A:         February 16, 2016.  All Council members, with the exception of Councillor Sergio Paone who abstained, endorsed the proposal. Note: those endorsements are not approvals for the plant. They were simply a necessary step for the partners to apply to the province’s IESO to get an agreement to sell hydro power from the plant to the province’s hydro grid.


Q12:    Was there a delegation against the proposal?

A:         Yes. On February 25, 2016 Town of Lincoln resident Liz Benneian prepared a delegation to Regional Council. With virtually no discussion, Regional Council voted to endorse the proponents’ IESO taxpayer-funded subsidy request. Only Town of Lincoln Mayor Sandra Easton and Niagara-On-The-Lake Councillor Gary Burroughs vote against it.

Q13:    Has there been any public consultation regarding the proposal to-date?  

A:         No.

Q14:    What is the status of the proposal?

A:         The applicant is ready to move forward with development activities in 2016 in order to be in a position to start the construction phase not later than Spring 2017. The applicant’s intention is to commission the facility in late 2019.

Status of other municipal incinerator proposals in Ontario over the past decade:

Halton Region: Proposal to build a $800 million Regionally-funded municipal waste incinerator defeated after years of public protest in 2007.

City of Meaford: In 2012, an incinerator proposal is defeated by citizens who proved proponents lied to Council about many aspects of the project.

Brantford: In 2012, Citizens hold public meeting against a proposed Energy-From-Waste plant and make delegations to Council against it. It is never built.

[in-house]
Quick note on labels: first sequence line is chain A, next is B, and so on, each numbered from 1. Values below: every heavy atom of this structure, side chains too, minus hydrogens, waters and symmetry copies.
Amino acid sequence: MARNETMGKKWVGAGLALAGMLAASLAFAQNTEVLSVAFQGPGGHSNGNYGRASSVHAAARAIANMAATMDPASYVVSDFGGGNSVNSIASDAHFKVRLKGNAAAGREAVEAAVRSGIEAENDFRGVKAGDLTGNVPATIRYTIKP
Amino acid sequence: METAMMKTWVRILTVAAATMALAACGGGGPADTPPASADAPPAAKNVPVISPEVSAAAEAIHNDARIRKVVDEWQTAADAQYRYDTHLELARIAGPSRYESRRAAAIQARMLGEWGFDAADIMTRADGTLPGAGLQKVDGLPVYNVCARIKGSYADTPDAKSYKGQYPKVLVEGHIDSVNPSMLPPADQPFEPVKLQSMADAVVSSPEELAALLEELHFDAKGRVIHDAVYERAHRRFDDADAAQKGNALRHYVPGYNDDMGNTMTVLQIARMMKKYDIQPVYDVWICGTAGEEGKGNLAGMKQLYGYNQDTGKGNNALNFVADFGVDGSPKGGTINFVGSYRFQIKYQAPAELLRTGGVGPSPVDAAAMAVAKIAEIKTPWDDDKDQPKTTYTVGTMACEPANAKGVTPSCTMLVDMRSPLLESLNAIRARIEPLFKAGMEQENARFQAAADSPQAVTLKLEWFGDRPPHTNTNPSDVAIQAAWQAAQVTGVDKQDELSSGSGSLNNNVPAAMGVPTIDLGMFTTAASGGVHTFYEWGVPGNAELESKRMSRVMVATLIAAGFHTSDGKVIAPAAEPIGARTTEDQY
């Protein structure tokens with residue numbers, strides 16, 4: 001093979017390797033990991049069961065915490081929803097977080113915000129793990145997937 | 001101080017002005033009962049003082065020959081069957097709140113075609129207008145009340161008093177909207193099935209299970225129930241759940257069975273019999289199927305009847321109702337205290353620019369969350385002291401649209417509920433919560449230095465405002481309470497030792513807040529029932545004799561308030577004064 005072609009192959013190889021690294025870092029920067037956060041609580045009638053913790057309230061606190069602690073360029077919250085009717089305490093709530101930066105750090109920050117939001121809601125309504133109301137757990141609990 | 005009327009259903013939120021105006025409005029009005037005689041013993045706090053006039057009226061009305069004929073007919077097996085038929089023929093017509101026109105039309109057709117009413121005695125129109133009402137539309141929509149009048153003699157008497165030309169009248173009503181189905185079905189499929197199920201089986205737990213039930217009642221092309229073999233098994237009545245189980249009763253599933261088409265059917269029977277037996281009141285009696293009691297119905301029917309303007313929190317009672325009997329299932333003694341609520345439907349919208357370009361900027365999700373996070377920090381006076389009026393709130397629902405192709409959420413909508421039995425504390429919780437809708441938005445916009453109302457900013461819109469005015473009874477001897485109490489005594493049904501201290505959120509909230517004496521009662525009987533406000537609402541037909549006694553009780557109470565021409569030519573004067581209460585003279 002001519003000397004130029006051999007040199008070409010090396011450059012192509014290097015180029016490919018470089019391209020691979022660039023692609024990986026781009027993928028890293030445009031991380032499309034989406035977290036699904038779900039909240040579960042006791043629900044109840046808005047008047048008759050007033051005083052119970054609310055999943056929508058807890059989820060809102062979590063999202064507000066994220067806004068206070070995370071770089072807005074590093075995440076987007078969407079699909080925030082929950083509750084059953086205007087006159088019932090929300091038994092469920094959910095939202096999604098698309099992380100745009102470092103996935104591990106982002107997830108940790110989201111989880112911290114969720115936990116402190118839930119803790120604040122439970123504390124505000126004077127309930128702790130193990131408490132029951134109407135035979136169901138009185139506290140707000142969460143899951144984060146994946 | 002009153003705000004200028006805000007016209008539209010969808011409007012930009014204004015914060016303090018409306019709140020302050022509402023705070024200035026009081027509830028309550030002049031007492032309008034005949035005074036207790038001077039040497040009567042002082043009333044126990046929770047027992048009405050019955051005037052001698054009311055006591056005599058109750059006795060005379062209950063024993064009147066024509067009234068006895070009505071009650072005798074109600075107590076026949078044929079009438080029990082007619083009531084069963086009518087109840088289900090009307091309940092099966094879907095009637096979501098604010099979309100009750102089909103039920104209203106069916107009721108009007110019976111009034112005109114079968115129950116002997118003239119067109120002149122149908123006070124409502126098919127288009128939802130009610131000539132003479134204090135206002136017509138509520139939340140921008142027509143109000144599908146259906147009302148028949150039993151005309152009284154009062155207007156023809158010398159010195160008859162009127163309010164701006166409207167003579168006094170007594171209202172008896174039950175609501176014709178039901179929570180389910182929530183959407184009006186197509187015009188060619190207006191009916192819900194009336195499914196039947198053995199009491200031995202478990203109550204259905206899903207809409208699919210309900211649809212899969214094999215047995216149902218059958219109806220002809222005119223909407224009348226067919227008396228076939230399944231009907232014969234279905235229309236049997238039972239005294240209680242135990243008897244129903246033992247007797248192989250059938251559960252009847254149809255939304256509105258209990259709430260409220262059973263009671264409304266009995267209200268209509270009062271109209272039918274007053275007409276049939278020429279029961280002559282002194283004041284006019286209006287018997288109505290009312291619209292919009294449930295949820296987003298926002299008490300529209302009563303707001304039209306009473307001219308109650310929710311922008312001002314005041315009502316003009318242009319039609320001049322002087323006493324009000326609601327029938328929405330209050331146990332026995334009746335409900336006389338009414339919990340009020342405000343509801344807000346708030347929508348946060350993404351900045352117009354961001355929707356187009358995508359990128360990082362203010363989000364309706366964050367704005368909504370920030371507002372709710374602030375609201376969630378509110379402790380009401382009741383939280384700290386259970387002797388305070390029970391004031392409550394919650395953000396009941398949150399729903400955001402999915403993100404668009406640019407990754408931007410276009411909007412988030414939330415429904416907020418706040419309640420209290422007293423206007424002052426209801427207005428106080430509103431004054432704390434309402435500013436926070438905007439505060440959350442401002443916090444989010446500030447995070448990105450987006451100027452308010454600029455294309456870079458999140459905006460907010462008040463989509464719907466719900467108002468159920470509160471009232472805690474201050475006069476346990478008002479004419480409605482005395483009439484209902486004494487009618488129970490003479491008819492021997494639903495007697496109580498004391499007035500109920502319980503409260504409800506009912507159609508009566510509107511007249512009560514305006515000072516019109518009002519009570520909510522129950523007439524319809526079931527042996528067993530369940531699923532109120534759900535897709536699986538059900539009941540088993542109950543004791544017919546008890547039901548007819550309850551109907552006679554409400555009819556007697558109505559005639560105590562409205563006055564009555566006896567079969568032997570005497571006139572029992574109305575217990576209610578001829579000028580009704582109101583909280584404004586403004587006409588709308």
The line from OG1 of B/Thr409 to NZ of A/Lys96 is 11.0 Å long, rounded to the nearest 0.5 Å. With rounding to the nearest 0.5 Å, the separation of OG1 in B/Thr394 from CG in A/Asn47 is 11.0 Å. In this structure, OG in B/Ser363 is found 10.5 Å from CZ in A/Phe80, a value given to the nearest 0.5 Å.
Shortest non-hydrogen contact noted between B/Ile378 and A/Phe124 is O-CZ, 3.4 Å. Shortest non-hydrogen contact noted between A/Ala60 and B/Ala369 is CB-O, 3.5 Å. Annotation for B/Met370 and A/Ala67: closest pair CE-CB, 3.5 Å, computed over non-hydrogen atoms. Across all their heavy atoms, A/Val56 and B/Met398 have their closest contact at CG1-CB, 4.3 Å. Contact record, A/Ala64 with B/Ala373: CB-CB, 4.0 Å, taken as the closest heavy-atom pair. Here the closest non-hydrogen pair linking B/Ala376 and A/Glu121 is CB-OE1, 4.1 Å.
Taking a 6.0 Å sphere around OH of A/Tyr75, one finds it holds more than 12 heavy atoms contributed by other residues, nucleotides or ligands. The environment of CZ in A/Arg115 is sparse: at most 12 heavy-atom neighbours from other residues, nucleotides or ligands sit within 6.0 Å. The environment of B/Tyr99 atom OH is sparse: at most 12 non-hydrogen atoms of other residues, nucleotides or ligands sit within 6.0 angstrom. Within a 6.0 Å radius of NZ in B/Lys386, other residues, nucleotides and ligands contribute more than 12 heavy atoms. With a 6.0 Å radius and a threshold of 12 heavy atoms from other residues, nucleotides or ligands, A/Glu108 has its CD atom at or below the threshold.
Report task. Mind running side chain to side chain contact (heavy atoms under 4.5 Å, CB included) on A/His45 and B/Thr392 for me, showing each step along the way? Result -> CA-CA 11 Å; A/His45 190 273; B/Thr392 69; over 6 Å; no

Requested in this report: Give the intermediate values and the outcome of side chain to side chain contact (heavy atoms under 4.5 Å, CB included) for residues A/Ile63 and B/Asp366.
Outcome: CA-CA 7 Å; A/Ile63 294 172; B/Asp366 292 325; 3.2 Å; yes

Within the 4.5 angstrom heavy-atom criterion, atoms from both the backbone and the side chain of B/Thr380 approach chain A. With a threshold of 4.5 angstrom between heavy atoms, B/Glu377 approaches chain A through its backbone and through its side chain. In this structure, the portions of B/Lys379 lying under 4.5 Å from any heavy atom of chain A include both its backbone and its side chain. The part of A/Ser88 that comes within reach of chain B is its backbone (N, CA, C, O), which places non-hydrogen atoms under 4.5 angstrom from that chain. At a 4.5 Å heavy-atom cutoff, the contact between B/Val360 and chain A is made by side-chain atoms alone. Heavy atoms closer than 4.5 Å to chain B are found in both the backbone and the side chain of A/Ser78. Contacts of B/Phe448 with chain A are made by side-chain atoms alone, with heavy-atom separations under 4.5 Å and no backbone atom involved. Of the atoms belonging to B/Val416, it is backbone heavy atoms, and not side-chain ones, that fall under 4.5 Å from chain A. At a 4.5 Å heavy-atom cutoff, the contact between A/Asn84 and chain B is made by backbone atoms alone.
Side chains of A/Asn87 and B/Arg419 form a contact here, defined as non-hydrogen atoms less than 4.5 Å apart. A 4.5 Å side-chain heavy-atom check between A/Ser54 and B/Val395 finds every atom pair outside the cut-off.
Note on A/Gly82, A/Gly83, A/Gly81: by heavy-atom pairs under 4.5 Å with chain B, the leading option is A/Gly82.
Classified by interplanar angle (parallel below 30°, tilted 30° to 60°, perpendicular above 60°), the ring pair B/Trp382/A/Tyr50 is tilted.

Port Hope: In 2014, City Council says no to zoning changes needed by Entech-REM to build a proposed incinerator. This is a reversal of Council’s original support for the incinerator and comes after years of protest by citizens and after anti-incinerator activists were elected to Council.

Six Nations: In 2015, a trial incinerator at Six Nations in permanently shut down after tests revealed it was releasing 200 times the Ontario limits of dioxins and furans, and 25 times the limit of lead and cadmium.

Sault Ste. Marie: In 2015, the incinerator company, Elementa Group, goes into bankruptcy with more than $10 million in debt. Police launch a fraud investigation.

Ottawa: after wasting 10 years and millions of dollars in taxpayer-funded subsidies, the trial Plasco incinerator in Ottawa goes bankrupt in 2015.

Region of Peel: In January 2016, Peel Region voted to stop using a Brampton-based incinerator and instead focused on achieving a 75% waste diversion rate.

Durham Region: In June 2016, the “state-of-the-art” incinerator, the only incinerator for municipal waste currently operating in Ontario, which was more than a year behind schedule and millions of dollars over its $289 million budget, is found to be emitting “A slew of toxic by-products at 12 times the legal limit”. One of the two burners is shut down. The Chief Medical Officer of Health for Durham Region, Dr. Robert Kyle is alarmed by the findings because “sustained excessive emissions of dioxins and furans are a potential human health hazard, primarily by entering the food chain.

Thank you for taking the time to attend the Community Information Session.

No Burn Niagara and Port Robinson Proud

NOW IT IS YOUR TURN. Niagara At Large encourages you to share your views on this post. A reminder that we only post comments by individuals who share their first and last name with them.

Visit Niagara At Large at for more news and commentary for and from the greater bi-national Niagara region.

“A politician thinks of the next election. A leader thinks of the next generation.” – Bernie Sanders